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  Good for you Cheese

Light yellow to rich orange with tiny holes
Mild to mellow; lightly sweet to sharp and tangy
Melts best when grated
Though its palette extends from lightly sweet to sharp and tangy, Colby is generally known for its mild, tender flavor. Sometimes compared to Cheddar, but softer and more open, Colby is an American original that's as comfortable with hot dogs as it is with hors d'oeuvres.

Its range of tempting tastes makes Colby a perfect choice to top just about anything you're got a yen for. Shred it, melt it, slice it and create your own culinary Colby experiment. Or try it with something tried-and-true, like hamburgers, fajitas, chili, rye bread or apples and pears.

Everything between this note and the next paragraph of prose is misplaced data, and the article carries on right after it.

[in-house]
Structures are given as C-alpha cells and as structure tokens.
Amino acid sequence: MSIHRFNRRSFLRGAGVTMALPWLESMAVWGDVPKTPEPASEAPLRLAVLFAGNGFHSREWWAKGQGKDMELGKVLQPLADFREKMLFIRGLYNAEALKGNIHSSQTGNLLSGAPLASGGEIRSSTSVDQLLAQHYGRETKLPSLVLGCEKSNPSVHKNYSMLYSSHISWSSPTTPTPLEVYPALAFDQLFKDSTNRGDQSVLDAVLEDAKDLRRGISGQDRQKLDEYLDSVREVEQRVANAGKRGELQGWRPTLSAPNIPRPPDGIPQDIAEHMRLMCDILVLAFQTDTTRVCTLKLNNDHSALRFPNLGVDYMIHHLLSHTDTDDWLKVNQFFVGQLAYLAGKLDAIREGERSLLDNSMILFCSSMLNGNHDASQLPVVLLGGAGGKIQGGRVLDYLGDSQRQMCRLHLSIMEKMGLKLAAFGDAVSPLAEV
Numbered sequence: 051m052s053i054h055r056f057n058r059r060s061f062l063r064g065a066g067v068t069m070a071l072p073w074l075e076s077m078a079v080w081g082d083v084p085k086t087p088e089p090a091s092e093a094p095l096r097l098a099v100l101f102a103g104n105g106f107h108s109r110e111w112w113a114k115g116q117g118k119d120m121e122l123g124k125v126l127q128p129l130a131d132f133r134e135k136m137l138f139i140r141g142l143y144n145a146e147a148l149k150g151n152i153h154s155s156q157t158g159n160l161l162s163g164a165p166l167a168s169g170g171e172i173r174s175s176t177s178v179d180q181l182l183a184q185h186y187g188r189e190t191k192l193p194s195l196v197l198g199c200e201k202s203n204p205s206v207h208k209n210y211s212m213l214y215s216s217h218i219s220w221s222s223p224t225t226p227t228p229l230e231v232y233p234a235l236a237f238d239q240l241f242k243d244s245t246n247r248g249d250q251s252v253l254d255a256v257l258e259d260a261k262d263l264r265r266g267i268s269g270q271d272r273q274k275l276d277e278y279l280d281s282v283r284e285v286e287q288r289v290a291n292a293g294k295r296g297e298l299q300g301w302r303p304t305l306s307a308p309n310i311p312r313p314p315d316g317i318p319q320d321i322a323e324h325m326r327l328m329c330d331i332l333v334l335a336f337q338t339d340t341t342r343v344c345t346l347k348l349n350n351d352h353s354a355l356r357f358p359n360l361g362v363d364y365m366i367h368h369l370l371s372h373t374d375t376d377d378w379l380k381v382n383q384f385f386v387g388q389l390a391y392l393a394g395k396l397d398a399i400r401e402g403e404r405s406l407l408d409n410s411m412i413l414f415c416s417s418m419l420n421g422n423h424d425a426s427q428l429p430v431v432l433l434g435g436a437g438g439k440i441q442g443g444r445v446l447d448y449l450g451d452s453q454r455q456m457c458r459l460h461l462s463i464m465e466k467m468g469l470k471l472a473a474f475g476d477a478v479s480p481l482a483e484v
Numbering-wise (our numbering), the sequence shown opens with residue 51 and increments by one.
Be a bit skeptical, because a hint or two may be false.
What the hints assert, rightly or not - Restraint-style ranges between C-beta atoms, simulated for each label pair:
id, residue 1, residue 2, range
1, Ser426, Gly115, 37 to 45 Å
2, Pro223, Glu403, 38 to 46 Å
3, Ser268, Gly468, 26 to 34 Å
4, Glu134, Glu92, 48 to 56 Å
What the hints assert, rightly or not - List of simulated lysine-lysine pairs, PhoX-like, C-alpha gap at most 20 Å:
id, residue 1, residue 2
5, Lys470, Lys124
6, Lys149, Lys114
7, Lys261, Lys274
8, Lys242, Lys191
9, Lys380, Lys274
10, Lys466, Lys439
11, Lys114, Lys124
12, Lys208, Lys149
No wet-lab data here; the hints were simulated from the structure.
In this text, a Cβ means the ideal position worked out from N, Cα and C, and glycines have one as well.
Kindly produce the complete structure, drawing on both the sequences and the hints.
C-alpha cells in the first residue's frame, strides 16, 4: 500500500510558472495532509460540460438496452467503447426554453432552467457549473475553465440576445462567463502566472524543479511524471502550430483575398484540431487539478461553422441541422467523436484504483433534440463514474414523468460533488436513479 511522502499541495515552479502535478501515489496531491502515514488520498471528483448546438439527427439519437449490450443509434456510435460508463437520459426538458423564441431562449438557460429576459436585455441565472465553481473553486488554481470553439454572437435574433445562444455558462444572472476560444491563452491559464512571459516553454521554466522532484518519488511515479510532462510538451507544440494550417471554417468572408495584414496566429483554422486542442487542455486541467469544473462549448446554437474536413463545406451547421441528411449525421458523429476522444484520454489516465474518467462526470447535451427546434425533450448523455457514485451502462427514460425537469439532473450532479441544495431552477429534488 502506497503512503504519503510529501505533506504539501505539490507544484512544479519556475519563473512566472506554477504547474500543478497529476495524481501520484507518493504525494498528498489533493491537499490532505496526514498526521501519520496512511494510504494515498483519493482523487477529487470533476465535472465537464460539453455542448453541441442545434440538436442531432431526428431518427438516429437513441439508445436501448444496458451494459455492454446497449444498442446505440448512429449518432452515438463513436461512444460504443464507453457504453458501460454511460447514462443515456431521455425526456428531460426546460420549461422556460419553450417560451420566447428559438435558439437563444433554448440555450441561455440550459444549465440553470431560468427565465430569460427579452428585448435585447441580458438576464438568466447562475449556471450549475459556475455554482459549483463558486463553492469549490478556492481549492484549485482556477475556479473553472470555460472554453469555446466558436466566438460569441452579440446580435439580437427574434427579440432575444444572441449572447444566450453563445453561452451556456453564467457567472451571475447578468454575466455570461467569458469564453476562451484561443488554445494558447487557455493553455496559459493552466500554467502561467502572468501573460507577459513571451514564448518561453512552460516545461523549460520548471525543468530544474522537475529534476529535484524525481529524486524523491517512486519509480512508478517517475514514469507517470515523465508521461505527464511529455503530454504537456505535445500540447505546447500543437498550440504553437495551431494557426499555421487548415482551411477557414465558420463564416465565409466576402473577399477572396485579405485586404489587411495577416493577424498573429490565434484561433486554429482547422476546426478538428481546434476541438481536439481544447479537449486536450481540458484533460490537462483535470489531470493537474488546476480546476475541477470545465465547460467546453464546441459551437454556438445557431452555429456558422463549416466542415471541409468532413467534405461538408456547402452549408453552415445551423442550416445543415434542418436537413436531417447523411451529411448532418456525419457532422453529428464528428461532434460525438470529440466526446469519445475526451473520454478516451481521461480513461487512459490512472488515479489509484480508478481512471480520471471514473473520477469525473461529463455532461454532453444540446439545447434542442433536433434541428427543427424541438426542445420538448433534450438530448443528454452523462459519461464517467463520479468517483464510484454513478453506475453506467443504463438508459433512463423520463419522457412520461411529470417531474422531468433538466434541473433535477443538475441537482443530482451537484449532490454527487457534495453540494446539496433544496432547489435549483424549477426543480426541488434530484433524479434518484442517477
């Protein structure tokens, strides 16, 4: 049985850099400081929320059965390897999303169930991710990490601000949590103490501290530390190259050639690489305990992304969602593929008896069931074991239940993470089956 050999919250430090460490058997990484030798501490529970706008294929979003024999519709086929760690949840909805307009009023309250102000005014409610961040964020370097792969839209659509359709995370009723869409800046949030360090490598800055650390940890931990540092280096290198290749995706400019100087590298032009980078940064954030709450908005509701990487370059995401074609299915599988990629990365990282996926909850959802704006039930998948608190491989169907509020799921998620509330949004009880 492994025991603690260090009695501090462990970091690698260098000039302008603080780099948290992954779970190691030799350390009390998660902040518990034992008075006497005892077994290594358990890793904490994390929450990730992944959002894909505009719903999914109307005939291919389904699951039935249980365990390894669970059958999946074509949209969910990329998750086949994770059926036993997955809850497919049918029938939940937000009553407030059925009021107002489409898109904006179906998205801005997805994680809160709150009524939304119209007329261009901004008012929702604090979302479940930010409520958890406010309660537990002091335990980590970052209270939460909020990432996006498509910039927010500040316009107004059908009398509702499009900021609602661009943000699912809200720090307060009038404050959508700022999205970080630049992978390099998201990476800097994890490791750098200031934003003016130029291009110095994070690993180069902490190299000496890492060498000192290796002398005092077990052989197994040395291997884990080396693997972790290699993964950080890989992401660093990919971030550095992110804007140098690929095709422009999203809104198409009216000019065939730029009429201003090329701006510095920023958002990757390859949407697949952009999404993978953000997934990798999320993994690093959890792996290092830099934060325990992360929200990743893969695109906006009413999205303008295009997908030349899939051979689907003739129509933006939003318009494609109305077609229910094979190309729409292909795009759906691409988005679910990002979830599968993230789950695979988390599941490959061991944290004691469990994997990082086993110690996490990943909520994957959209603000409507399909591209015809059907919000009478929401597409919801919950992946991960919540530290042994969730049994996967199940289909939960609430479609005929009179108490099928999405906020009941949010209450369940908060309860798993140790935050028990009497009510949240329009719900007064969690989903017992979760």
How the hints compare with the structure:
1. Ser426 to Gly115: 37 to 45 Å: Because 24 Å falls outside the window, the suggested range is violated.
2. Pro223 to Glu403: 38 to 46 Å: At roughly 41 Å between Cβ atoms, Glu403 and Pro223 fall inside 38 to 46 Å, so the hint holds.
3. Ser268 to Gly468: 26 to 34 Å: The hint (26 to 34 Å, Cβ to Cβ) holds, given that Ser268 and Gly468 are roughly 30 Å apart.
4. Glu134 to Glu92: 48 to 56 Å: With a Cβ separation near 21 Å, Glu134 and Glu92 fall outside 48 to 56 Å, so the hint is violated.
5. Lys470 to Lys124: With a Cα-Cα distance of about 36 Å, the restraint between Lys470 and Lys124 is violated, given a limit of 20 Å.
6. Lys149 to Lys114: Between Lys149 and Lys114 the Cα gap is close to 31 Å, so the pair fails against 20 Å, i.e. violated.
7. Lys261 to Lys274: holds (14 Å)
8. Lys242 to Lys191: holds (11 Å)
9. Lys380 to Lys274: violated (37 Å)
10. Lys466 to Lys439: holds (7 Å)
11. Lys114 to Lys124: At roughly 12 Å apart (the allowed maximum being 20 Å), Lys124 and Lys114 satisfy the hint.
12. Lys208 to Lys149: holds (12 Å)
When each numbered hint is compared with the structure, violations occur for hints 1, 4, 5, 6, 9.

Image © Wisconsin Milk Marketing Board.
Red wines, Port, beer and apple cider | Apples, pears, mushrooms, tomatoes | Pumpernickel and rye breads
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Colby was first made by Joseph Steinwand in Colby, Wisconsin, in 1874. At the time, it was the only natural cheese native to the U.S. Though it is similar in taste to Cheddar, it's made differently. While Cheddar is stacked and aged, Colby is relatively lightly pressed and requires no aging at all.
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